J. Ekel, born in 1923: “In the morning of September 29, 1941 father, mother, grandmother and I in a cart harnessed with only one horse, came to the area of Lukianivka market until about 10am. We were approaching Pugachev Street. Once those who crossed Pugachev street, they were taken under the Nazi machine gunners convoy and back to the Melnikov Street no one was allowed”. [36] (doc. number 10).

G. Batasheva: “In the morning of September 29, 1941 … at about 9 am we left our yard and went along Artem Street to which from all other streets gathered people and in the general flow moved till the Street of Melnik and Degtyarevska Street … We stayed a bit, but people still went on walking in a continuous stream towards Babyn Yar. The was already about 10 am and we walked down the Street of Melnik in the general mass of people … I remember very well how at this time in the opposite direction from the side of Babyn Yar convoy of trucks was moving. Just can’t remember the exact number of them, something about 15, each car was covered with a tarpaulin. In the car bodies were 2-3 Nazis with machine guns. Near the crossroad of Melnikov and Pugachev Streets Nazi machine gunners took us under convoy and back on the Street of Melnik no one was allowed”. [37]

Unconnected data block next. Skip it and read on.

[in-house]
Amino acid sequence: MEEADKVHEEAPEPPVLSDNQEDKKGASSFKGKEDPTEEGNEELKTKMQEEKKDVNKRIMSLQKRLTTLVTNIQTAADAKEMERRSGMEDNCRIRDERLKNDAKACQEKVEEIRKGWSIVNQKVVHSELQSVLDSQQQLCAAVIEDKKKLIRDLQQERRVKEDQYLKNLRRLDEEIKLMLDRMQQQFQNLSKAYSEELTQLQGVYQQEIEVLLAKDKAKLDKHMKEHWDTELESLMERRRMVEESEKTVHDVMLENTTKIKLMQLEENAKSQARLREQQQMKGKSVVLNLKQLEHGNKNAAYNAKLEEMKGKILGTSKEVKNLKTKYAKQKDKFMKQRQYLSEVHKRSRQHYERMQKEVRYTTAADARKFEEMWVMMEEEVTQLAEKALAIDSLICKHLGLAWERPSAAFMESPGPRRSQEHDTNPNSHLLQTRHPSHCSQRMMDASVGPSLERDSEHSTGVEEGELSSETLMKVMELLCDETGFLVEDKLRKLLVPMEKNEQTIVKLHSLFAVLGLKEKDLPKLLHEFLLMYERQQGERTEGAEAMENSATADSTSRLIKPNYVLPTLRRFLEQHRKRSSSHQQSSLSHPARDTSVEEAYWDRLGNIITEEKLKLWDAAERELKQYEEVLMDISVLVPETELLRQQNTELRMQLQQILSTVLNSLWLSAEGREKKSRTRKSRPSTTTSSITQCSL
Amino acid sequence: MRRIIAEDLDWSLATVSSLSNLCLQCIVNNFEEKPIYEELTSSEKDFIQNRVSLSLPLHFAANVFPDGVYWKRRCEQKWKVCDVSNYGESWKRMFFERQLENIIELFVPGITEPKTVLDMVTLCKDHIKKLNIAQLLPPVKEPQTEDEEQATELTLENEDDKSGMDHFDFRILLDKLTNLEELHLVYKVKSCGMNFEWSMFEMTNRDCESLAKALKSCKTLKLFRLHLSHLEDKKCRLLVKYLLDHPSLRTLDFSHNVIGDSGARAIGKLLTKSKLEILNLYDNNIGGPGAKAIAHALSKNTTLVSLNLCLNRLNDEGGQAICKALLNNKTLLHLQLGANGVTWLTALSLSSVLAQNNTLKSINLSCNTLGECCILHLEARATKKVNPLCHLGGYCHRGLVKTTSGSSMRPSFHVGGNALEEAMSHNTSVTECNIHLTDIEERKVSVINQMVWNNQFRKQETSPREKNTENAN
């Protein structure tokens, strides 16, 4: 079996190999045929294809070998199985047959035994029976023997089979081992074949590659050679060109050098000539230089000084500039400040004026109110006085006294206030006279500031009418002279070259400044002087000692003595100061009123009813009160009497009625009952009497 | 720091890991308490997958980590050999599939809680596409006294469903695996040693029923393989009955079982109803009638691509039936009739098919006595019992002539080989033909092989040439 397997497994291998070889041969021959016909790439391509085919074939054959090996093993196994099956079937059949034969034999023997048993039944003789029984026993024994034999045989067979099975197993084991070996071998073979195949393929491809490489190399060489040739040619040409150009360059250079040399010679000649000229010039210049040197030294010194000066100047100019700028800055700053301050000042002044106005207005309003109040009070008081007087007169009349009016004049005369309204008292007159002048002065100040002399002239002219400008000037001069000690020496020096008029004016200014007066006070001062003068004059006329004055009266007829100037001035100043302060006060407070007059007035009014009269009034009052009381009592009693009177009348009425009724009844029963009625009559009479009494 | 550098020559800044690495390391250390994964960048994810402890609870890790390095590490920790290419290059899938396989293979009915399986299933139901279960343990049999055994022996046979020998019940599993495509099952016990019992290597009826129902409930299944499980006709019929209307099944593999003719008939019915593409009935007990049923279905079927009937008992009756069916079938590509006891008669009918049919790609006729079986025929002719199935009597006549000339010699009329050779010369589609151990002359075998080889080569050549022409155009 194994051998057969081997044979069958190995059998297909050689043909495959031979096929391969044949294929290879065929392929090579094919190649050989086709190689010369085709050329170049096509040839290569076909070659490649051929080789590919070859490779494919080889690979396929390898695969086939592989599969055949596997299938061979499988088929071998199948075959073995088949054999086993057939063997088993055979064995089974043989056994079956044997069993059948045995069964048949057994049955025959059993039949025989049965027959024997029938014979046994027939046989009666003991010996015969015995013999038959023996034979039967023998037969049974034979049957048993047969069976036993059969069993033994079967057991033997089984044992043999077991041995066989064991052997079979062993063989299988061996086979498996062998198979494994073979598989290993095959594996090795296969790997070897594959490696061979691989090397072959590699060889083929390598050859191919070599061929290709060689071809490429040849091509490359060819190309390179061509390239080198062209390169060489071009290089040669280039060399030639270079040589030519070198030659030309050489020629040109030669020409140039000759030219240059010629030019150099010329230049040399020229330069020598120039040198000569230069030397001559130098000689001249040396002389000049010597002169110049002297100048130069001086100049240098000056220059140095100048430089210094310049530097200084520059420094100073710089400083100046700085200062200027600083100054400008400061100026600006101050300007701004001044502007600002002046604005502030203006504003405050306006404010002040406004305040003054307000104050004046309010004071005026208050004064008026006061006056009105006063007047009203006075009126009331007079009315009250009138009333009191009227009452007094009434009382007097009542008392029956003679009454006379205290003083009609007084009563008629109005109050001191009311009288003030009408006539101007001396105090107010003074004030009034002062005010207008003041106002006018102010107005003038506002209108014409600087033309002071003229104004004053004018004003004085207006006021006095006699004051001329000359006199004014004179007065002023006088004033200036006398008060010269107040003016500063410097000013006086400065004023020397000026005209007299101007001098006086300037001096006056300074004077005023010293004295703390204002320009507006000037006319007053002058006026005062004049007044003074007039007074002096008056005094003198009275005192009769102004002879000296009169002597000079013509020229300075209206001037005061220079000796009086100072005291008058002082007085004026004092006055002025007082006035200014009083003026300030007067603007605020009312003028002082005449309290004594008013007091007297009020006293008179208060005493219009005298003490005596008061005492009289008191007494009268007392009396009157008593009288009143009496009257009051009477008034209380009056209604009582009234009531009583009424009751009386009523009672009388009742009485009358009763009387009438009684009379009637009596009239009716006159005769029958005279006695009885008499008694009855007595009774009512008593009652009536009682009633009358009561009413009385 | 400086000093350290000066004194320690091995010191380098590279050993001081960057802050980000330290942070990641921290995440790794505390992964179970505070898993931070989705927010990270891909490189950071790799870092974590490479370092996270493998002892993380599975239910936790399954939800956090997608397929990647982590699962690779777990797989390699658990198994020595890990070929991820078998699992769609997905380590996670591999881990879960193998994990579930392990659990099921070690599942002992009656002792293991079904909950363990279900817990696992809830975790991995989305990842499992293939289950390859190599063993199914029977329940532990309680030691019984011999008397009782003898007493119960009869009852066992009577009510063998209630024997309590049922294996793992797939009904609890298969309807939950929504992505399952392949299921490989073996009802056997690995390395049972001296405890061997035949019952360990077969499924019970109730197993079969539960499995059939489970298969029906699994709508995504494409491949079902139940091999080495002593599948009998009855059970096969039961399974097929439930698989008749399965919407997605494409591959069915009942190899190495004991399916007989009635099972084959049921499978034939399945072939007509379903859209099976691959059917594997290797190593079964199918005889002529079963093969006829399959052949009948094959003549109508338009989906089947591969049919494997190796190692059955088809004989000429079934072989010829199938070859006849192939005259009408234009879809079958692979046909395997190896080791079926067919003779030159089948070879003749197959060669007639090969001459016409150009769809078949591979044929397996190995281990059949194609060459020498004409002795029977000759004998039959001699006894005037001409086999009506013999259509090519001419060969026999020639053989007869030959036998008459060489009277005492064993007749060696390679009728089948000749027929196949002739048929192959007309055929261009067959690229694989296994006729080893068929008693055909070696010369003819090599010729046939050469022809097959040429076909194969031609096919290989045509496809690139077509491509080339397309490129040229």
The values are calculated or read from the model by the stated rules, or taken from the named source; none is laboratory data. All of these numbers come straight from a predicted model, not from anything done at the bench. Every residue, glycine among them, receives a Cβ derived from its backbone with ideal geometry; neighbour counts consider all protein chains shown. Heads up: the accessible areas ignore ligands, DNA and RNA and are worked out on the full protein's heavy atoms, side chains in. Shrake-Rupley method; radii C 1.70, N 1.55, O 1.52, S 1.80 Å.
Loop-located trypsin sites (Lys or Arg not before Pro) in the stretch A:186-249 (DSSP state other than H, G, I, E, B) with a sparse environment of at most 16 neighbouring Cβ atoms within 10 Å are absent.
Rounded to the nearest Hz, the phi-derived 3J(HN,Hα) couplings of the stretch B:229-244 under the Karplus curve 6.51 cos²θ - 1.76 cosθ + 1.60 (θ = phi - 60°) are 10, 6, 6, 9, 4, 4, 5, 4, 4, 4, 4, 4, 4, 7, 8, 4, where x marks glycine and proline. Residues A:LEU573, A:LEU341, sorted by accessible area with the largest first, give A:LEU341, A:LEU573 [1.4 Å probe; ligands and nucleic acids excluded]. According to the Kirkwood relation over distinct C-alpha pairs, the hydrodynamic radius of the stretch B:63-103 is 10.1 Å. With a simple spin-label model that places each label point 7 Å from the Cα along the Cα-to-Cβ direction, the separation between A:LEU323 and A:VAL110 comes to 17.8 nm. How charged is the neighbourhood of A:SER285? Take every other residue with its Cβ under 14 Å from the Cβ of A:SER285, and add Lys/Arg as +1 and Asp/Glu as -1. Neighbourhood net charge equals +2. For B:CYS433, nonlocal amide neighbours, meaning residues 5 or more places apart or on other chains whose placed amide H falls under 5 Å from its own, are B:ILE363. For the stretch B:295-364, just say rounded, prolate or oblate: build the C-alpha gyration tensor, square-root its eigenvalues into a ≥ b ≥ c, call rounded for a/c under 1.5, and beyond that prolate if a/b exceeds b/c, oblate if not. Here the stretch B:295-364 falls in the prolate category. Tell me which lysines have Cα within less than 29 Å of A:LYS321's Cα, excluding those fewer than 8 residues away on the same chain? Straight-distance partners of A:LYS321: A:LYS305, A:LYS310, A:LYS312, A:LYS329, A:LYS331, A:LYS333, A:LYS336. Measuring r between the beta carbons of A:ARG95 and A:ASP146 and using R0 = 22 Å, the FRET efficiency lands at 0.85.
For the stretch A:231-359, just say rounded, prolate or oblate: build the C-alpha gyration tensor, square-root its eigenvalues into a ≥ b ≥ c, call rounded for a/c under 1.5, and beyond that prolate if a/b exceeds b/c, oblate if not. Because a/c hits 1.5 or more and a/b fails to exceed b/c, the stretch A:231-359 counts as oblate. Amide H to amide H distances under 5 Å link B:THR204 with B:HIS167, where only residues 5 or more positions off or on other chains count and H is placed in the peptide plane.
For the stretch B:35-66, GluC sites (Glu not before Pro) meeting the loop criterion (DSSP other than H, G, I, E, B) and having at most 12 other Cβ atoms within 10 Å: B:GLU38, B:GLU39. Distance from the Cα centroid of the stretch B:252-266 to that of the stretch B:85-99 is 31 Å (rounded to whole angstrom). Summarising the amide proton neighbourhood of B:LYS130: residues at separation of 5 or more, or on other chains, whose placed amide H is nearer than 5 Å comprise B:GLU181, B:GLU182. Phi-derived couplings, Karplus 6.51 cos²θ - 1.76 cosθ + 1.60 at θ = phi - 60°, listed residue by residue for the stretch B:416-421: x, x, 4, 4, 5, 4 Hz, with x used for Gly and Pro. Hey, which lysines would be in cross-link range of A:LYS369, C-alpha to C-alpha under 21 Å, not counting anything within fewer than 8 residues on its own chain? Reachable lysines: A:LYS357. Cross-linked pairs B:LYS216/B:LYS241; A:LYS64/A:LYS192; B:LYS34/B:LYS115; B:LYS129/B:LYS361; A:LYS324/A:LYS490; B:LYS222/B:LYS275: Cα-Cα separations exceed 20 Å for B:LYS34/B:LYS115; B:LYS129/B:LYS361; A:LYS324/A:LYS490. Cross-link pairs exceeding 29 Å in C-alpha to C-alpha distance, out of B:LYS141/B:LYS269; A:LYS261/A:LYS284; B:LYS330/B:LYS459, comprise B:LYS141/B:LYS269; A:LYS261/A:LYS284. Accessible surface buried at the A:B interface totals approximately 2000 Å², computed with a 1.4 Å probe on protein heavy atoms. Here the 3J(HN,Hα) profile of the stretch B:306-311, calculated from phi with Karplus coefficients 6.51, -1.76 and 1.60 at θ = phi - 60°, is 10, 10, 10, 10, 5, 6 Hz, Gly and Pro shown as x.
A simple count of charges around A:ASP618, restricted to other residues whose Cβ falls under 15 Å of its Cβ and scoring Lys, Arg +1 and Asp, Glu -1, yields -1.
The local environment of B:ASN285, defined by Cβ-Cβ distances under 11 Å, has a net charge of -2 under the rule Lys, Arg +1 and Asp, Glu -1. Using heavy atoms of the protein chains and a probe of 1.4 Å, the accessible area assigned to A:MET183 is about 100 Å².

D. Pronicheva “in one of such groups of 500-600 people, I was convoyed with my mother. As we passed along the Babyn Yar and approached the high level platform, we had to pass some kind of alive passage of Nazis aligned in 2 rows. Passing 30 meters through this corridor, we appeared on the mentioned above platform where people were stripped and in groups of 50-60 people led into the ravine, which was approximately 30 meters from the site and there they were shot with machineguns ” [38] (doc. number 11) .